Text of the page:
Any relationship we have has a subjective and objective side apart of course from the rather ambiguous relationship we have with ourselves.

Through friendship and marriage others become our intimates, standing away from us yet near to us, so our subjective thoughts of them are balanced by their objective presence and communication to us. In the Christian religion talk of that balance of subjective and objective can still be used, even though God is no object we can see, handle or contain. As Shirley du Boulay affirms in her book God is beyond our being as 'the ground of our being'.

When God sent his Son Jesus Christ he was showing us his love objectively, that is outside of ourselves. Christ died, rose and passed into the sacraments so we encounter God from Easter on through the physical order primarily in the words of Scripture we hear and read and in the breaking of the eucharistic bread as well as in personal prayer and Christian fellowship.

Our relationship with God in Jesus Christ is a personal relationship with both a subjective and an objective side. God is 'in' me but God also stands 'away from' me, over against me, guiding me, loving me, chiding me.

What disturbs me about so much so-called New Age spirituality, in which Shirley has been immersed, is its reduction of the transcendent God to being like 'the genie in my lamp'. There is a loss of vision and a reduction or even domestication of God.

Some of my most telling encounters with God have been more like those of Cleopas, encounters coming from outside of myself from scripture, eucharist or in one case the leaves on a tree, that have woken me up to get going once more to serve God's way, which is a way beyond me taking me out of myself.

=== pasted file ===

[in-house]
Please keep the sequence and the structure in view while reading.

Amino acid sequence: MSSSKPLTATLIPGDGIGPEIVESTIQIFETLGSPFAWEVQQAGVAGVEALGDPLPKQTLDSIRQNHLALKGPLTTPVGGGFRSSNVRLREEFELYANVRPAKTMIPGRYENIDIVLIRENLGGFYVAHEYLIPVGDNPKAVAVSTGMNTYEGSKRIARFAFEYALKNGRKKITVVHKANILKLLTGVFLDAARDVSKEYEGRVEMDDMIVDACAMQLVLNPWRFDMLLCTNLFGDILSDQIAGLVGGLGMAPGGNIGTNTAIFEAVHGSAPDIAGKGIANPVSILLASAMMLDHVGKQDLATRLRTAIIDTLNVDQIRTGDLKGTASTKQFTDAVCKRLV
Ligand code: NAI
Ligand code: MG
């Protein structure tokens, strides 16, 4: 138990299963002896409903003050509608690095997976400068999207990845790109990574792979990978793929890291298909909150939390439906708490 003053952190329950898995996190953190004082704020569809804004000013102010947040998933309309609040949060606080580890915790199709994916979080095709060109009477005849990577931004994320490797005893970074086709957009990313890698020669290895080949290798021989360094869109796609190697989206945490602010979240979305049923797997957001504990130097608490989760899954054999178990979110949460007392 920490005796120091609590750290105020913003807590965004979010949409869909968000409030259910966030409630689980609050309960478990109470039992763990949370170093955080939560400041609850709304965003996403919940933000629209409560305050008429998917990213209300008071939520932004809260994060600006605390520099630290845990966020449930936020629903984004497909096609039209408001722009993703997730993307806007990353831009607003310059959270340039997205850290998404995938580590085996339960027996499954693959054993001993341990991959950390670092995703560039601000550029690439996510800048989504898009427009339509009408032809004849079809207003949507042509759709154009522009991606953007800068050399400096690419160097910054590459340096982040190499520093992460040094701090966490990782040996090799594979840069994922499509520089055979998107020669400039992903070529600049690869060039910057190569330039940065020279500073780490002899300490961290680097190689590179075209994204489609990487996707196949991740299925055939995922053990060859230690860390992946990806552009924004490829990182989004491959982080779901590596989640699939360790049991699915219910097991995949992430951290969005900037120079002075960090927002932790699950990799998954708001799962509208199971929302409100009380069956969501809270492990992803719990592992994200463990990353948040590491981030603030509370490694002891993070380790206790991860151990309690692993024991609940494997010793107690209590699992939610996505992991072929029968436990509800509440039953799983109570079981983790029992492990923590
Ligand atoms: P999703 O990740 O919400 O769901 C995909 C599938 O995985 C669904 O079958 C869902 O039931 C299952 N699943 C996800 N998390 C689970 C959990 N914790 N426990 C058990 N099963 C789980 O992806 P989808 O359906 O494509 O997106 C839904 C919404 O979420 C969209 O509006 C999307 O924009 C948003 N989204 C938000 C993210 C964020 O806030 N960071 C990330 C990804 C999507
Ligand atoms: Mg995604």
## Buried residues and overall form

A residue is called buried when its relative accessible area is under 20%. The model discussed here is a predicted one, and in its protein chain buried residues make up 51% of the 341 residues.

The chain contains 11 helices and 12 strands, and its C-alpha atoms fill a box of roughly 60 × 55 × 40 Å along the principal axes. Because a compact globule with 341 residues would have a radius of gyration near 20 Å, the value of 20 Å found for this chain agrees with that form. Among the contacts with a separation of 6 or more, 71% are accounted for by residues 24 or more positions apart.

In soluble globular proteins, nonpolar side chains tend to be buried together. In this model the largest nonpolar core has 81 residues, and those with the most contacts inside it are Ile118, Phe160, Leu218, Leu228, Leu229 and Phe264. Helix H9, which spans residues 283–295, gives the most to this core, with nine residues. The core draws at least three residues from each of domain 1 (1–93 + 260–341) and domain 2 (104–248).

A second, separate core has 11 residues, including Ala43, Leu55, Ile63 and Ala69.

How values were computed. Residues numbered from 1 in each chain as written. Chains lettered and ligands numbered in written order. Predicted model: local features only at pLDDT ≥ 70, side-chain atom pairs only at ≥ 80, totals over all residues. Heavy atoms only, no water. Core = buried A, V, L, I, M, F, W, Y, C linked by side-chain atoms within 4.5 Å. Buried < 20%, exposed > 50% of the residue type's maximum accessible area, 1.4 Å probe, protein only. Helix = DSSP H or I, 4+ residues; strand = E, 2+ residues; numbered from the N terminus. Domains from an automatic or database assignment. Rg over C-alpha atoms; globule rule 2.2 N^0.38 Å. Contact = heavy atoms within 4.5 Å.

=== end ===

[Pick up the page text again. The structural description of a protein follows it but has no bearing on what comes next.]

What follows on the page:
When we come to Church to worship we're reminded by the faith of those around us what we believe is part of something bigger. In hearing the sermon we see the words of the Bible striking us, exciting a fuller vision of God. In participating in the offering, blessing and consuming of bread and wine we meet God at a visceral level.

The road to Emmaus is my road, your road, week by week, as it was Cleopas' road that first Easter. It's a road where our subjective sense of God is built up healthily, as in any relationship, by encounter with God the awesome Friend who walks beside us.

This relationship, as our service reminds us, isn't just one-to-one. It is knowing the love of Christ, as Paul explains to the Ephesians, having the power to comprehend, with all the saints (with the whole church) ... the breadth and length and height and depth of his love that surpasses knowledge and fills us with all the fullness of God.

May Our Lord bless us as week by week he speaks to us through his word and comes to be our Food in the eucharist!

May our subjective perception of God expand and deepen through encounter with his objective presence we find here, where two or three are gathered together in his name, to whom with the Father and the Holy Spirit be all glory and honour henceforth and for evermore. Amen.